When Tea in Pajamas was published, I truly thought the hardest part was over. I didn’t even begin to imagine the weight of pressure I’d put on myself for producing a sequel that would do the first book/my readers/myself justice.

On the whole, most people felt the first book was a light-hearted read, but a good number also shared with me their desire to see a heavier hand in the adventure sequences. And the sequel needs to and absolutely will have that, but I’m also not gonna  throw in a bunch of dragons, knights, and wizards for the sake of it. My present challenge is injecting the right amount of adventure, mystery, fantasy, and—dare I say—darkness, without jeopardizing authenticity or distracting from the essence of the storyline. And it’s tricky and time-consuming, and boy does it take quite a bit of guts to pull off!

I am now five and a half chapters in, and maybe that might appear to be the midway mark, but we’re only just moving into the crux of things. A lot is going on both in the sequel and in my head, and Impostor Syndrome sure doesn’t make it a smooth ride.

Will it all be worth it?, I often wonder. What does this book want to achieve? Do I have anything to prove by writing it? Wouldn’t it all be easier to just be happy that I published Tea in Pajamas and left it at that?

It is my earnest hope that in calling out Impostor Syndrome for what it is, I am taking my first steps toward recognizing the problem and finding a way to move forward constructively. God knows the number of times I’ve taken the mental diatribes at face value and seriously considered aborting the sequel and shutting down this website altogether.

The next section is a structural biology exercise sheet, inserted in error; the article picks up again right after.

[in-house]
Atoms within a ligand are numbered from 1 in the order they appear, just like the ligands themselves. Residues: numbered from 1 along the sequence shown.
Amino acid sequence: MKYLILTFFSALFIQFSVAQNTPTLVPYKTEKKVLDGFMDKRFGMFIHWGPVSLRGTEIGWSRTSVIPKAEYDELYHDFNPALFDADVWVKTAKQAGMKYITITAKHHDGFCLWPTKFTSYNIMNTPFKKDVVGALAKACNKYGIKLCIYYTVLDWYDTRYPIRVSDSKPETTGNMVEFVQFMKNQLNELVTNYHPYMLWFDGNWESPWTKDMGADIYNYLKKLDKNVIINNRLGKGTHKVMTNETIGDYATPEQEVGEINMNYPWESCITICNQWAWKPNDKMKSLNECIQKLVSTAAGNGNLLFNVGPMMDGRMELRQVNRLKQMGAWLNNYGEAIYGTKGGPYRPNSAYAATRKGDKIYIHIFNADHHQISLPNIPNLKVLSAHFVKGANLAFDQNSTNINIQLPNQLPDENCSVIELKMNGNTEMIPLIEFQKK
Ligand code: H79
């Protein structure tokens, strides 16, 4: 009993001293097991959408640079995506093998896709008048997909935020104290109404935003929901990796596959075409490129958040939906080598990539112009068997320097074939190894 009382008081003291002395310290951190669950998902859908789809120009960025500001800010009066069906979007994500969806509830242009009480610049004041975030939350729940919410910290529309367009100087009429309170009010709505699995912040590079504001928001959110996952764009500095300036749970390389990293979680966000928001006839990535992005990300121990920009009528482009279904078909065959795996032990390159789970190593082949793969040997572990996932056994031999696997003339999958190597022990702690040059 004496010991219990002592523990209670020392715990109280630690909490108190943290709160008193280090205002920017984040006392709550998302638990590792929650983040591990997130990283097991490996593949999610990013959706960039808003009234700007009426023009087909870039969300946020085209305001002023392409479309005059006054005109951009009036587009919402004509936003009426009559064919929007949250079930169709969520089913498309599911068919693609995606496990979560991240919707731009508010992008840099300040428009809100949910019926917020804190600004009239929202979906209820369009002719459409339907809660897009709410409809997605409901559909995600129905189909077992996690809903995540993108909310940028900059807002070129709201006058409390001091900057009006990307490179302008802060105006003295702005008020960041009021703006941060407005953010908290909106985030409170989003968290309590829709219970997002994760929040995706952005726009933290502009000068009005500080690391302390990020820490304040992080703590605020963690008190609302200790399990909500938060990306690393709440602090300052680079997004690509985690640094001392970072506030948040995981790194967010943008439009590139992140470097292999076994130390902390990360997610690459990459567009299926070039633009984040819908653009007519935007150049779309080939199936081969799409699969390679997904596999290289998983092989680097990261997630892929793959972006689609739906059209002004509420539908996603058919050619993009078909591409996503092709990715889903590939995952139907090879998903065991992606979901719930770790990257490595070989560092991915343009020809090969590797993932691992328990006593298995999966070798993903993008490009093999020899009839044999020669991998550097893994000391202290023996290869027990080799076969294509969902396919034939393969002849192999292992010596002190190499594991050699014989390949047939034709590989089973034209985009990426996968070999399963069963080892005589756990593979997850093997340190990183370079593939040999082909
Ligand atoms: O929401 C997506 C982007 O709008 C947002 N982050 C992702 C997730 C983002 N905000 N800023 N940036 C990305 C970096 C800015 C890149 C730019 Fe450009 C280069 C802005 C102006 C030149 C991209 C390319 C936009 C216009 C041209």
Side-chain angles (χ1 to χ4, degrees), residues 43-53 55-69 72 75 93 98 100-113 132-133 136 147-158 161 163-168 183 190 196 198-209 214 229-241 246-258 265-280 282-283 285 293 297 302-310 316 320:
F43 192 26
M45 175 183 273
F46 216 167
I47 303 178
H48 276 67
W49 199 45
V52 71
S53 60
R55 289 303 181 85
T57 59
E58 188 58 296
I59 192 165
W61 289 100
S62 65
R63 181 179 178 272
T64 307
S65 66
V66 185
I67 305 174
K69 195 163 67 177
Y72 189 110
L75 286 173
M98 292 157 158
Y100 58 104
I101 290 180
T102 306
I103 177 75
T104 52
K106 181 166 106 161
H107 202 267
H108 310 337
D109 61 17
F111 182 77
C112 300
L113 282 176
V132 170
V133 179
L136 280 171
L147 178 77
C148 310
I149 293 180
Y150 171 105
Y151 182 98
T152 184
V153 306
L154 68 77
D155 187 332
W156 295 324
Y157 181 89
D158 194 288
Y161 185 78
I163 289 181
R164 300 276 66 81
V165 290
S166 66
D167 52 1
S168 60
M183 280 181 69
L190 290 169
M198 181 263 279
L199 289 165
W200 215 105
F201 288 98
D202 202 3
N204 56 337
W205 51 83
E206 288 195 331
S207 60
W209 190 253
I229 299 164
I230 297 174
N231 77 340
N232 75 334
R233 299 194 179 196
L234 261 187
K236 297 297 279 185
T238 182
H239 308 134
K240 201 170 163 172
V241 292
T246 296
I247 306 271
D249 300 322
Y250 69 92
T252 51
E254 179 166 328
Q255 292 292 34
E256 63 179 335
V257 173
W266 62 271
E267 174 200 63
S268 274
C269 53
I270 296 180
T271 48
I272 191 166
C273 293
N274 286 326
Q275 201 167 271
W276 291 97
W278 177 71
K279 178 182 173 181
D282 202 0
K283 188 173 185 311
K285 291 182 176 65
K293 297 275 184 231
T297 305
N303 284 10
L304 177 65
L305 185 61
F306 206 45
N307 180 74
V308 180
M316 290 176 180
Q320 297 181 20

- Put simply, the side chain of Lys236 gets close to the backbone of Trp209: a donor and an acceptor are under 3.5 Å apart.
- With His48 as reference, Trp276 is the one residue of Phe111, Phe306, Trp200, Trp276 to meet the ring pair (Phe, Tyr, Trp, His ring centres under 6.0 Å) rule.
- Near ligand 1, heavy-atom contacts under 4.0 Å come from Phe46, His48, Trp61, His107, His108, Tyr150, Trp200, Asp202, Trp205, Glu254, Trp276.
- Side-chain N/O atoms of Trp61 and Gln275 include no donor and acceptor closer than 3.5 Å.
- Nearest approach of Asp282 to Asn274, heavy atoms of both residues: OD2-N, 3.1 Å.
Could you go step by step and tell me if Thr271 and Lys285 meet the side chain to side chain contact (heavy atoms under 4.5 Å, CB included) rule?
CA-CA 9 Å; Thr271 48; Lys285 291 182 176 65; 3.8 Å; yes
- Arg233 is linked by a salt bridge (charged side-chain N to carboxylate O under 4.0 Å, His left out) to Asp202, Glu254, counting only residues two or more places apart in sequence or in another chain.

And yet something has always kept me from doing that.

As I finish up this post, I’m thinking of the odd possibility that the voice behind Impostor Syndrome is right—that I’m not a real writer and I’m only trying to pass off as one. That I’d be shunned and ridiculed by real publishers, and my sequel would be an embarrassing legacy long after I’ve passed on.

And actually I think… so what? Even if I produced a laughably awful sequel—though I’m working hard to diminish that possibility!—I’ll know at least I bothered to try when I could’ve easily called it a day. And I have yet to meet an author who was hauled into prison for bad writing.

Perhaps at the end of the day, writer or no, I’m OK with just being someone who loves to write. Is writing easy? No. Will I get there? I don’t know.

But do I consider it my honor and privilege to breathe life into another world and bunch of characters I’ve grown to know and love deeply?

Yes absolutely.

What Now?: Three Things I’ve Learned Post-Publication

Last Christmas, we did a “Teys in Pajamas” photoshoot to celebrate TIP turning one. Photo by Eadwine Lay of Plush Photography.

It’s been almost two years since Tea in Pajamas was first published, and what a ride it’s been! Today’s post will the first in a series entitled #WhatNow?, in which I document personal insights from my post-publication and sequel-writing journey.

A basic premise: I thought I’d learned plenty from the road toward publication, but in all seriousness, it’s the post-publication journey that’s kicking my ass. Throw into the mix the grand endeavor to write a sequel one can only hope will live up to the first, if not outdo it, and things get even trickier.

To even begin to describe what I mean, here are three major lessons I’ve learned since the time ‘Tea in Pajamas’ saw the light of day.

1. It’s a whole new world post-publication

Wait, what? Isn’t print publication the be-all and end-all of an author’s publishing trajectory? To some degree, yes. I mean, you gotta have an actual product to talk about in the first place. But that’s also when the real work begins: the part where you have to get out there and hustle remind people that: 1) you exist; and 2) you’re still writing.

It’s all well and good to create Facebook, Twitter, Instagram, Goodreads and Pinterest accounts—not to mention an official website—but devoting time and resources to keeping them updated with fresh content is a whole other animal.